When the meat is extracted you can add it to a really good white wine sauce that has fresh herbs such as parsley and chervil running through it. or a spicy tomato sauce that would be served over fresh pasta.

Or

Cut the raw lobster in half splitting it from the spine down and season with a good seafood seasoning mix or whatever you fancy really or just some salt, garlic and lemon.

Grill over hot coals or in a grill pan. And serve with some roasted potatoes and a salad.

If you find all this too much then try it with your special seafood Okro or give them fresh fish and lobster Egusi!

These ingredients maybe me some Louboutin and Prada shopping for your kitchen but life is that short not to buy it once in a while. Target your 21st. 25th, 40th, anniversary, She said yes, you you won the jackpot… whatever the case give yourself that good enough reason.

A special shout out to Alima Okon for her recipe she shared with me!

Have a great weekend people!
Ciao!

Photo Credit: Google Images

_____________________________________________________________________________________________
Chef Fregz loves to cook! He is a graduate of Le Cordon Bleu Paris Culinary Arts School in France and hosts monthly “Chef Fregz Specials” where he whips up a yummy menu with a different theme each time then everyone enjoys a taste.He also caters special events and private dinners. To find out more visit www.cheffregz.com.Chef Fregz provides premium private catering services. For bookings and orders email [email protected] @Chef_Fregz on Instagram and Twitter. You can check out the Chef Fregz Page on Facebook as well.

Chef Fregz loves to cook! He is a graduate of Le Cordon Bleu Paris Culinary Arts School in France and hosts monthly “Chef Fregz Specials” where he whips up a yummy menu with a different theme each time then everyone enjoys a taste. He also caters special events and private dinners. To find out more visit www.cheffregz.com. Chef Fregz provides premium private catering services. For bookings and orders email [email protected] – @Chef_Fregz on Instagram and Twitter. You can check out the Chef Fregz Page on Facebook as well.

16 Comments

  1. Vanessa

    August 30, 2013 at 3:49 pm

    Chef Fregz, I am seriously thinking about inviting you to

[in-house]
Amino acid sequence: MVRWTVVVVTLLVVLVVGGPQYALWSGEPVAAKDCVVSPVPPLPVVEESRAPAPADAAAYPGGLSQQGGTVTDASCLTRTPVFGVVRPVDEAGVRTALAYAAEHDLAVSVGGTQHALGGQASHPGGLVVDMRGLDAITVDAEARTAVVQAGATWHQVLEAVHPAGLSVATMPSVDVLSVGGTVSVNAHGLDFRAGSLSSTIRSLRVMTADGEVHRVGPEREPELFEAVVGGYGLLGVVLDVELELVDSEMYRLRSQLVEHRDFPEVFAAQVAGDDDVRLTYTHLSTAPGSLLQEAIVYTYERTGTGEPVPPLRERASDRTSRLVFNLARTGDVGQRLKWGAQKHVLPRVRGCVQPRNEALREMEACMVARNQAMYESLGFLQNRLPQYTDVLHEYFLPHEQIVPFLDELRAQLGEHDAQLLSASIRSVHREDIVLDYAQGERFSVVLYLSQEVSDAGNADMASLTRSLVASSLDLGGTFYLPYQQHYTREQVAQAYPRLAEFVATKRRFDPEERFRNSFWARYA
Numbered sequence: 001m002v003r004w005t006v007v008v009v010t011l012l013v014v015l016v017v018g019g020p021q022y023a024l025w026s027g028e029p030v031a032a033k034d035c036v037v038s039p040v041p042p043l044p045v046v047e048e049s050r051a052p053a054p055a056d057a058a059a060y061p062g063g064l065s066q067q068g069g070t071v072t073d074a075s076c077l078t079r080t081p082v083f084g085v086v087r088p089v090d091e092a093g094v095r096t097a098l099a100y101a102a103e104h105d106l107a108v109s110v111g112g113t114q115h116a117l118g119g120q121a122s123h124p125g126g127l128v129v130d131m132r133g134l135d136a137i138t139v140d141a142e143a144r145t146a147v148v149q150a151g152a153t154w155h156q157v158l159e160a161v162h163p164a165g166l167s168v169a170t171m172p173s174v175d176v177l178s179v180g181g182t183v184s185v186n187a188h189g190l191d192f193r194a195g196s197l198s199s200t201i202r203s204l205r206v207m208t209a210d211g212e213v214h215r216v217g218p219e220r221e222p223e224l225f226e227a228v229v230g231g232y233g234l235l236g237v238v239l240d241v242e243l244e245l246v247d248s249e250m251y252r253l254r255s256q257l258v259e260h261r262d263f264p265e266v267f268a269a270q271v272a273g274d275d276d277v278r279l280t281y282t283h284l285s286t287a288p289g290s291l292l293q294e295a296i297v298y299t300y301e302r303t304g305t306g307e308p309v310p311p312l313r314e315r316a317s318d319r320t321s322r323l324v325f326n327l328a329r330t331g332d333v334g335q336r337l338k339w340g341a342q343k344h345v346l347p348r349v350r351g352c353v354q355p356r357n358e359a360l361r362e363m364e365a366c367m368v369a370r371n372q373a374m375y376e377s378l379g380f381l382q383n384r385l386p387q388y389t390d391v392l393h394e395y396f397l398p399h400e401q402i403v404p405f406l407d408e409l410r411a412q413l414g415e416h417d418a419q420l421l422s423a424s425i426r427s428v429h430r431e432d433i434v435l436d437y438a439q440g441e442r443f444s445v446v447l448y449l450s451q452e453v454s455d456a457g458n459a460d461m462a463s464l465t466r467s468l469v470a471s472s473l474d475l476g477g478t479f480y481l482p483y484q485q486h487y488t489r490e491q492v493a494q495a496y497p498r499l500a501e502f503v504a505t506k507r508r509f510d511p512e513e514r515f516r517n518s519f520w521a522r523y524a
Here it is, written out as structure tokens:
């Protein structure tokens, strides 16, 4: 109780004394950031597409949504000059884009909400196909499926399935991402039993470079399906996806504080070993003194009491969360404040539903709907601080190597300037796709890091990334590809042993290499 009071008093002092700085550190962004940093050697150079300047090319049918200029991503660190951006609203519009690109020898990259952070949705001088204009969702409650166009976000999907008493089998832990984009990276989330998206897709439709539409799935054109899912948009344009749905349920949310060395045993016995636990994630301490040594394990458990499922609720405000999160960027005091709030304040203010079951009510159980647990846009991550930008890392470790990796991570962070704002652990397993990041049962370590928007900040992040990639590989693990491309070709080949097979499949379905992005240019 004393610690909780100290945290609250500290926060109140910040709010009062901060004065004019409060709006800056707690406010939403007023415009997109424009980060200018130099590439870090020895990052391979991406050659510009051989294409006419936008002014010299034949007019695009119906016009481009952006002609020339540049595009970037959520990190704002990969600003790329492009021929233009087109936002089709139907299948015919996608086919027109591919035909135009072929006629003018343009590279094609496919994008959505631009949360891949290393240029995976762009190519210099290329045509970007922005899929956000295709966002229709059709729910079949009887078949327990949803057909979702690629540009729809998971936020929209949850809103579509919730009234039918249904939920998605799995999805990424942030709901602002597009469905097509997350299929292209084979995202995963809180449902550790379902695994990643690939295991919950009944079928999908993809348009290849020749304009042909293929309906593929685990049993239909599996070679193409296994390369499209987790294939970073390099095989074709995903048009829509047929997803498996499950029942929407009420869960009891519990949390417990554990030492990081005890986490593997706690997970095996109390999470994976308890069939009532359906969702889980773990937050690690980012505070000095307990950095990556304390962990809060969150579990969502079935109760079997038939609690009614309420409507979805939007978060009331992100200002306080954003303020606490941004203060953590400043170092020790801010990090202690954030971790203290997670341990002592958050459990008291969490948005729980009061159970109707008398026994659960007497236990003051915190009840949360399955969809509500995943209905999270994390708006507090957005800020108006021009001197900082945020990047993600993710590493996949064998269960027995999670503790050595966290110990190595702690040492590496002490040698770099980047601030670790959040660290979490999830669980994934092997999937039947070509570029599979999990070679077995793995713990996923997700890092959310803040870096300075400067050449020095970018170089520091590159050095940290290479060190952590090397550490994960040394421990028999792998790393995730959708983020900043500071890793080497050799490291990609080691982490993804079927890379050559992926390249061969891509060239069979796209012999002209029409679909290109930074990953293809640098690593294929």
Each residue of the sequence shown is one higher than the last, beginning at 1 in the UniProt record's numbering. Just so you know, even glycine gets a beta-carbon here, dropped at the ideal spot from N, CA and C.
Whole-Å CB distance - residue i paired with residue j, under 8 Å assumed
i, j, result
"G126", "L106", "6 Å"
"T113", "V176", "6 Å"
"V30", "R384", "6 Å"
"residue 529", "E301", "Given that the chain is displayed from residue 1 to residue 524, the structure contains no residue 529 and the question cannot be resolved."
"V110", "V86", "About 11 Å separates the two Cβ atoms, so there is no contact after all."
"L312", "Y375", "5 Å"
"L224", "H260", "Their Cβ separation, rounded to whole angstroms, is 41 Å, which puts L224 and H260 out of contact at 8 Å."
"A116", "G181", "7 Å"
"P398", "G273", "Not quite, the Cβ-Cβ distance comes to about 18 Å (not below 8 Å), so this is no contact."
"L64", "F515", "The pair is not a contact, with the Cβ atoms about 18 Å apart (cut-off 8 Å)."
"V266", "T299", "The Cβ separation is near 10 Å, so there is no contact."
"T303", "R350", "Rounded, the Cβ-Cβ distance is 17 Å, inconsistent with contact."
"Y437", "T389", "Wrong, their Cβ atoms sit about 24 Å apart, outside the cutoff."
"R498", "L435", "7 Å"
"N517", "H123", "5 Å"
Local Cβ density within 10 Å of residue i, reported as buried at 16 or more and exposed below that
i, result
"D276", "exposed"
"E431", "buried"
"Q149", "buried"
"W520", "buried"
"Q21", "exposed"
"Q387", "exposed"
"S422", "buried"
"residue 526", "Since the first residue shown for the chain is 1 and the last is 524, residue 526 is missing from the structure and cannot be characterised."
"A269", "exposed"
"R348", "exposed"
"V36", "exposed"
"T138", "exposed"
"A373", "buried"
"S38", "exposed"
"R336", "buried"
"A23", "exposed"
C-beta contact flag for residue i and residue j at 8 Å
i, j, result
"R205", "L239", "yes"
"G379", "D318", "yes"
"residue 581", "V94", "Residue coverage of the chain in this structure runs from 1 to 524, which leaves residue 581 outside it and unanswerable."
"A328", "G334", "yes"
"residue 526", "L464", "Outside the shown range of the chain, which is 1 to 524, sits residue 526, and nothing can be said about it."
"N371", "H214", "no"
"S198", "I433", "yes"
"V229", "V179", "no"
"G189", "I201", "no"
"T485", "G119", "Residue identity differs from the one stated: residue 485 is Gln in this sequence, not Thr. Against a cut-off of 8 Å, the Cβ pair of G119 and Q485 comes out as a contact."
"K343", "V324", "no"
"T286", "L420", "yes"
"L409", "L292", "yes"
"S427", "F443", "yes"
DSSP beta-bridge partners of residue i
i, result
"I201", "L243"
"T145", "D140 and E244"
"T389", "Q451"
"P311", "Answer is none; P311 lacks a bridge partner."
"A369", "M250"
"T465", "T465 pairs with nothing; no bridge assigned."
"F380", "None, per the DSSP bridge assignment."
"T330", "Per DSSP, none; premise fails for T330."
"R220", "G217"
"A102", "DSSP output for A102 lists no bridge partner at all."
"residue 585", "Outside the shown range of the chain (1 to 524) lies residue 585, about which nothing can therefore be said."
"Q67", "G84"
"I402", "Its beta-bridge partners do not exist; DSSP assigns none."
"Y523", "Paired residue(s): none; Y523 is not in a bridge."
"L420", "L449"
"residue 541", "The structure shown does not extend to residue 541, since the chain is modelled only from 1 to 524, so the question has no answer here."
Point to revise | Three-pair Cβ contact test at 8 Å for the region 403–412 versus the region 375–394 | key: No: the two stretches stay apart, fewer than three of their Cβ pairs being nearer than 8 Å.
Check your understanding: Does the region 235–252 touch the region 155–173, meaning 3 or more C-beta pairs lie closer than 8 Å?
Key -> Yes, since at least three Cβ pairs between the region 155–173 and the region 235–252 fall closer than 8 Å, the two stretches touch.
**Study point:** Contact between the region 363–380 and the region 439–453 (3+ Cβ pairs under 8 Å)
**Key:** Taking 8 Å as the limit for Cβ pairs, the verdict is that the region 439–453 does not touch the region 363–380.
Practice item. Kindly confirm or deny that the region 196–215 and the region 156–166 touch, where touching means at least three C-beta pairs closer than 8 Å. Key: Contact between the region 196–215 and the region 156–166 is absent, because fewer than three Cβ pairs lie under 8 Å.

cook me a nice private dinner between Alhaji Danjote and I. Bring
    the saffron.

  2. Vanessa

    August 30, 2013 at 3:50 pm

    Dangote not Danjote.

  3. SpecialK!

    August 30, 2013 at 5:00 pm

    Vanessa – You need more PEOPLE! We dont believe you

  4. Dunni Obata

    August 30, 2013 at 6:24 pm

    Chef Fregz, I must be a bonafide Saks Fifth Avenue baby then, because I have Saffron in my Kitchen Cupboard and Lobster in the freezer. I just got a traditional Paella pan which I have been saving my Saffron for, and Lobster which I am saving for a special occasion. Thanks for the reminder. Oh you can also use Saffron in a Tagine and some Pasta seafood dishes. You have inspired my weekend. Move over Ofe Owerri. Paella pan check, Tagine pot, check. Posh cooking all the way. Lol

    • Fregene Gbubemi

      August 30, 2013 at 11:05 pm

      Hi Dunni!!!! Omo I’ve been meaning holla at you! That pounded yam tip!!!! Of Life things men!! Im chuffed I kicked ofe owerri to the curb!! Loool!! Lemme know how it turns out [email protected]

    • Dunni Obata

      August 31, 2013 at 12:03 am

      Ah, The one and only Chef Fregz. You are very welcome. Paella For The Win, thanks to you. I will let you know how it goes. Special occasion hasn’t arrived yet for the Lobster, so it is Meatballs Tagine with the Saffron too. Thanks again.

    • Oguche Samuel

      September 5, 2016 at 2:55 am

      Pls Ma, I live in Abuja, where can I get saffron in Abuja?

  5. ooooooooo

    August 30, 2013 at 8:58 pm

    Dunno kitchen,please stop oppressing us ke

  6. waterchild

    August 30, 2013 at 9:18 pm

    Dear Chef Fregz, you should visit Sunday Market in Ogba to
    get fresh Lobsters, you are absolutely wrong about: In Nigeria here
    we usually get them frozen and we get a variety I am frankly not
    the biggest fan of ‘condition causes the crayfish to posses a
    curved posture right?’

    • Fregene Gbubemi

      August 30, 2013 at 11:02 pm

      Hi Waterchild. Its not Fresh. Is it still swimming? No right? So its frozen. Its not bad but im saying the type of lobster is what I don’t really like. Most seafood is brought in by atlantic shrimpers. In Bayelsa state they have awesome prawns but not sure about Lobster

  7. Africhic

    August 31, 2013 at 8:00 am

    This one na real saks……will try the saffron and give myself a treat.

  8. alimaokon

    August 31, 2013 at 2:28 pm

    Thanks for the shout out! I hope you try the recipe someday.

  9. me

    September 1, 2013 at 4:25 pm

    Abeg what are this people talking about oo? Can we jst talk maggi, ducross,okpehe n co? Am so lost!

  10. Ibrahim sani

    November 5, 2015 at 10:20 pm

    Pls how do i get it hear in my country Nigeria

  11. Oguche Samuel

    September 5, 2016 at 2:53 am

    Pls where can I get saffron in Abuja?